The following is a draft of an article slated to appear on the round table.
Today marks the tenth anniversary of the September 11th attacks on the World Trade Center, a day forever engraved into the collective consciousness of the generations that lived through it. For America, it served as a rite of passage into the annals of world history, marking a new era of diplomatic relations. It served as the catalyst for rampant Islamophobia, an increasingly chaotic global economy and greater militarization of national security.
On the local level, the September 11th attacks have made their mark on the memories of every member of the Stuart Hall community. I myself remember clearly the day of the attack. I was abruptly woken up the morning of the attack by my mother. She seemed panicked, telling me that the Twin Towers had been attacked and destroyed. I was incredulous and thought she was joking.
When I arrived at school, it became bleakly clear that she wasn’t. Half the kids of Mr. Bertrand’s Second Grade class were missing. My carpooler was reticent to drive me, fearing that a similar attack would transpire at school because “that’s where all the tall buildings are”. That night, Nick News interrupted standard programming to hold a special episode explaining the incident to the confused and puzzled children of the world, their innocence, like that of the nation, shattered prematurely by the tragedy.
Ten years have passed since that fateful day sent ripples through the world, and a solemn sense of reverence permeates through the populace. Senior Joe Hildula says that “I believe it is a time to mourn, but it is definitely not a time to throw invective around or take sides and put blame on Muslims”. Andrew Fejt commends the service-minded spirit surrounding the anniversary, “It’s awesome that people are being constructive about it”. Devan Patel adds that “It will forever leave a mark on history, as the generation that experienced it, I don’t think we can see it through a historical perspective, but rather a personal one.”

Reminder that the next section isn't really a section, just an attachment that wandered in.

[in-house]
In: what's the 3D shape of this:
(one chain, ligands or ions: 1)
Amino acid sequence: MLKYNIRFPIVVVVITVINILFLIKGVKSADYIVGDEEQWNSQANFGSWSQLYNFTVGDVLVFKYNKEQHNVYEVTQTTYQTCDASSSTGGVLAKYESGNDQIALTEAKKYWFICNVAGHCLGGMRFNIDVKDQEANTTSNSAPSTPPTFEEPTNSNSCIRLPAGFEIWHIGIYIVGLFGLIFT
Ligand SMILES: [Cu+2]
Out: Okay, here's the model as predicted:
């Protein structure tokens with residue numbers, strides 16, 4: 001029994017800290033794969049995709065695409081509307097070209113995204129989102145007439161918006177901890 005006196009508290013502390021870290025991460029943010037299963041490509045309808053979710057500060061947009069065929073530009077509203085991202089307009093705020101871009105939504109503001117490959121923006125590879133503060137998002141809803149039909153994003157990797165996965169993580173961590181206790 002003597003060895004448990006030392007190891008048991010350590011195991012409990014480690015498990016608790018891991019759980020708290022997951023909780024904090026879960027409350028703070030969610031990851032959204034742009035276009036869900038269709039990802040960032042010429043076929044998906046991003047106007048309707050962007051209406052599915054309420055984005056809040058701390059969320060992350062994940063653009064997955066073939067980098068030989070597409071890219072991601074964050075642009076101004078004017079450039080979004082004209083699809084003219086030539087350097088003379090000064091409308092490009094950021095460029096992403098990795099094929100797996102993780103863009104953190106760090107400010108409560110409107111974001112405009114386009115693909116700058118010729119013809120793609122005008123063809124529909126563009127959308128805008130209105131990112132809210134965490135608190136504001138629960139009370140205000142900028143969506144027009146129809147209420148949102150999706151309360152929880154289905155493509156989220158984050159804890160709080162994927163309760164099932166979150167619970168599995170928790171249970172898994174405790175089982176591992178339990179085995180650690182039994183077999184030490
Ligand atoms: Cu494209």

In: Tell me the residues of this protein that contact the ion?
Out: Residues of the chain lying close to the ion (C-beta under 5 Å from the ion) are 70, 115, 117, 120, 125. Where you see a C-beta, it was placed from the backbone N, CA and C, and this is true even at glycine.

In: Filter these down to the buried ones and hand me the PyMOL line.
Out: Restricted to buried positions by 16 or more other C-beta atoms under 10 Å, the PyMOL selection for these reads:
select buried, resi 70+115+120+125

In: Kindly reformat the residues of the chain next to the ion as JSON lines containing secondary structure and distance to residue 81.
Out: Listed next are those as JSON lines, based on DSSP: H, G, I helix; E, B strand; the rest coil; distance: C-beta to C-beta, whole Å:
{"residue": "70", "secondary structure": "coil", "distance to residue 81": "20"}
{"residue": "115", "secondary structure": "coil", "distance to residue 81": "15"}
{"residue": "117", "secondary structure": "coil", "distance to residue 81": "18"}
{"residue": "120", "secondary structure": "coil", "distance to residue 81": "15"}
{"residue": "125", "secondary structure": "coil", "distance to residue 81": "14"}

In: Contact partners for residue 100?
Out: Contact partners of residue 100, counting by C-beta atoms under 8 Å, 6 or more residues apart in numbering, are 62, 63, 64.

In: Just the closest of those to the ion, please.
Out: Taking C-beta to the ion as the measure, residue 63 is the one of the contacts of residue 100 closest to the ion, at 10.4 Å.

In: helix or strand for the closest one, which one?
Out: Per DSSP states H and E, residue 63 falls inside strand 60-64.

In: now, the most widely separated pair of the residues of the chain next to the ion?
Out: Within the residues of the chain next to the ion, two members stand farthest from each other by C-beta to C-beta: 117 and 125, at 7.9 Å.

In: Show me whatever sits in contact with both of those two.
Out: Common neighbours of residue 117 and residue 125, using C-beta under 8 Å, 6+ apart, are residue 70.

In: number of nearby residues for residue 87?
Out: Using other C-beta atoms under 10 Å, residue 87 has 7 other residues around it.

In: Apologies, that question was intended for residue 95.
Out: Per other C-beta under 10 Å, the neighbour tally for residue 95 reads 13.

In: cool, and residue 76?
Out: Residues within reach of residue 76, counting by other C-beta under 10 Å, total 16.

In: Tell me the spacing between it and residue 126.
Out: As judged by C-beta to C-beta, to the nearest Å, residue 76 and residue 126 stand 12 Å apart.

America is a much changed nation ten years into the 21st century. Technological innovation has turned the internet to the mainstream and communication has hence changed. Two Bush administrations and one Obama administration has left the nation wary of surveillance and corruption. What has not changed is the indefatigable sense of love and reverence towards those lost on that day.
Note: if you please, please observe an online “Moment of Silence” by removing your profile picture today as I have. Thank you.